Last Update: 05/14/2007 Printer Friendly Printer Friendly   Email This Page Email This Page  

What is amenorrhea?
Amenorrhea is the absence of a menstrual period.
  • Primary amenorrhea is when a young woman has not yet had a period by age 16.
  • Secondary amenorrhea describes someone who used to have a regular period but then it stopped for at least three months (this can include pregnancy).
        What are the signs of amenorrhea?
        The main sign of amenorrhea is missing a menstrual period.

        Regular periods are a sign of overall good health.  Missing a period may mean that you are pregnant or that something is going wrong (see What are the causes of amenorrhea?).  It’s important to tell your health care provider if you miss a period so he or she can begin to find out what is happening in your body.

        Amenorrhea itself is not a disease, but is usually a symptom of another condition.  Depending on that condition, a woman might experience other symptoms, such as headache, vision changes, hair loss, or excess facial hair.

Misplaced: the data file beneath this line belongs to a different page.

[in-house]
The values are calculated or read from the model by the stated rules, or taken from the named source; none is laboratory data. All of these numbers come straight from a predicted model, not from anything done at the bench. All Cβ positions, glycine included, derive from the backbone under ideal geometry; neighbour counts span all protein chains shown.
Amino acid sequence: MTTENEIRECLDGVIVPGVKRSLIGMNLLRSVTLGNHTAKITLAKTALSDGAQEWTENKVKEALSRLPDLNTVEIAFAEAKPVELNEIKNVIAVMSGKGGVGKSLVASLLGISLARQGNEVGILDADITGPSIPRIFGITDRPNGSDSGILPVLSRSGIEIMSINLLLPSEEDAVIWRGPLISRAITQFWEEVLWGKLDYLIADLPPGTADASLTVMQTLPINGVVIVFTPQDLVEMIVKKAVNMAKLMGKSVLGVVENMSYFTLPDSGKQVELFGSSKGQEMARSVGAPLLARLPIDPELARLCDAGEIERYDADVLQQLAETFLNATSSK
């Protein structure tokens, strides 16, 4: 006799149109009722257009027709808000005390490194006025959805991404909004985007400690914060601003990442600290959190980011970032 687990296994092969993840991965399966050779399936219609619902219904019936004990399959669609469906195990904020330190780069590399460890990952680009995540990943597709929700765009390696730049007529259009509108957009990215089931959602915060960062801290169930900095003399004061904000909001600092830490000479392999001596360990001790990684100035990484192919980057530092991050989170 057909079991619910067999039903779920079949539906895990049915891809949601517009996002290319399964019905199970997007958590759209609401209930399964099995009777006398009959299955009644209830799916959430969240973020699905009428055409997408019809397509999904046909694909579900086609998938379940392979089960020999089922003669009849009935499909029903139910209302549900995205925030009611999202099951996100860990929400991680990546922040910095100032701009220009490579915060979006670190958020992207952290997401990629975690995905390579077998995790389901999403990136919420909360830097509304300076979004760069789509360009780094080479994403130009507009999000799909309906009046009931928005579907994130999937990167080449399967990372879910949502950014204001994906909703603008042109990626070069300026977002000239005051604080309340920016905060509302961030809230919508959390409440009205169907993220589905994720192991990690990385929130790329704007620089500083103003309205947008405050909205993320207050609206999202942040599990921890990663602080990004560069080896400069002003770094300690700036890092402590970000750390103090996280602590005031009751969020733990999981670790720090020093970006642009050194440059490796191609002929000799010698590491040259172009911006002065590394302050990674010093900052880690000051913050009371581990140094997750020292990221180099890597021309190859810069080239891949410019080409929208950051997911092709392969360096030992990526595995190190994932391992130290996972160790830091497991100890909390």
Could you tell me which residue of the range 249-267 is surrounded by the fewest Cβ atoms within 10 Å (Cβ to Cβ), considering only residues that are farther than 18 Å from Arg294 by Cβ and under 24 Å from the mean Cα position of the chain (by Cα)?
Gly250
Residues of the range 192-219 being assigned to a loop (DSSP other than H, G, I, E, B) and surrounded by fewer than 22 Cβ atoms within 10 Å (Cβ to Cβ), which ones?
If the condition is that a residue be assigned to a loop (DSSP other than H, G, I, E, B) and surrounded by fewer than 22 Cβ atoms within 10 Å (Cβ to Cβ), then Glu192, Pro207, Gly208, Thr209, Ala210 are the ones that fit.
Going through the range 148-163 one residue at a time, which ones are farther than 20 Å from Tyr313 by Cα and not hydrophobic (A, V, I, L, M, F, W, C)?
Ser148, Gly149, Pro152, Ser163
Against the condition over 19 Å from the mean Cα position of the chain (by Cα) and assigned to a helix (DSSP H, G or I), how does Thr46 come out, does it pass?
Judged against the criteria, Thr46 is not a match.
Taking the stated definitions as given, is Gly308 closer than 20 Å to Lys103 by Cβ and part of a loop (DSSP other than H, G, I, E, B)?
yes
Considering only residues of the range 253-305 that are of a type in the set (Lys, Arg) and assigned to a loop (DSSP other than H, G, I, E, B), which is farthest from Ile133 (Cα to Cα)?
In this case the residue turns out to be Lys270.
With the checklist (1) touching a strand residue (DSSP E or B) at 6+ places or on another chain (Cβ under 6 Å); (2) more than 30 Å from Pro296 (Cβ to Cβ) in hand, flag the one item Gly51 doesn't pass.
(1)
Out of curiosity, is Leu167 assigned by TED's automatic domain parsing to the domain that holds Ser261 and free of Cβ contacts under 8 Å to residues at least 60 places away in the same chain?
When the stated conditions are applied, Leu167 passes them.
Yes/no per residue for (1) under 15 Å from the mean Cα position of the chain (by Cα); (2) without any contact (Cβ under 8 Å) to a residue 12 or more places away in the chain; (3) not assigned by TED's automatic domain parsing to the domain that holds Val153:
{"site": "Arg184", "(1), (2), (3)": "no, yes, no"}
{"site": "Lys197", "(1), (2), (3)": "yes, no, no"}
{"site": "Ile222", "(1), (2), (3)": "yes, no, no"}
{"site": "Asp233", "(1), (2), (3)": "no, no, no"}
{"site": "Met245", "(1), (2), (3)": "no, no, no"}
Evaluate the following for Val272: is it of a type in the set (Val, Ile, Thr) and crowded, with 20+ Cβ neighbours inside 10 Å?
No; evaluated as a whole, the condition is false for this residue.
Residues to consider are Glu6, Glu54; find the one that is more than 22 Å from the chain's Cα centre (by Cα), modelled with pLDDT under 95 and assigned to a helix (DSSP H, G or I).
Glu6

Amenorrhea is a symptom of a variety of conditions, ranging from not serious to serious.
        • Primary Amenorrhea
          • Chromosomal or genetic abnormalities can cause the eggs and follicles involved in menstruation to deplete too early in life.
          • Hypothalamic or pituitary diseases and physical problems, such as problems with reproductive organs, can prevent periods from starting.
          • Moderate or excessive exercise, eating disorders (such as anorexia nervosa), extreme physical or psychological stress, or a combination of these can disrupt the normal menstrual cycle.
        • Secondary amenorrhea
          • This problem is much more common than primary amenorrhea.
          • Common causes include many of those listed for primary amenorrhea, as well as pregnancy, certain contraceptives, breastfeeding, mental stress, and certain medications. 
          • Hormonal problems involving the hypothalamus, pituitary, thyroid, ovary, or adrenal glands can also cause amenorrhea.
          • Women who have very low body weight sometimes stop getting their periods as well.
          • Women with premature ovarian failure stop getting regular their periods before natural menopause.
          What is treatment for amenorrhea?
          Treatment for amenorrhea depends on the underlying cause.  Sometimes lifestyle changes can help if weight, stress, or physical activity is causing the amenorrhea.  Other times medications and oral contraceptives can help the problem.  For more information, talk to your health care provider.

          Where can I get more information about amenorrhea?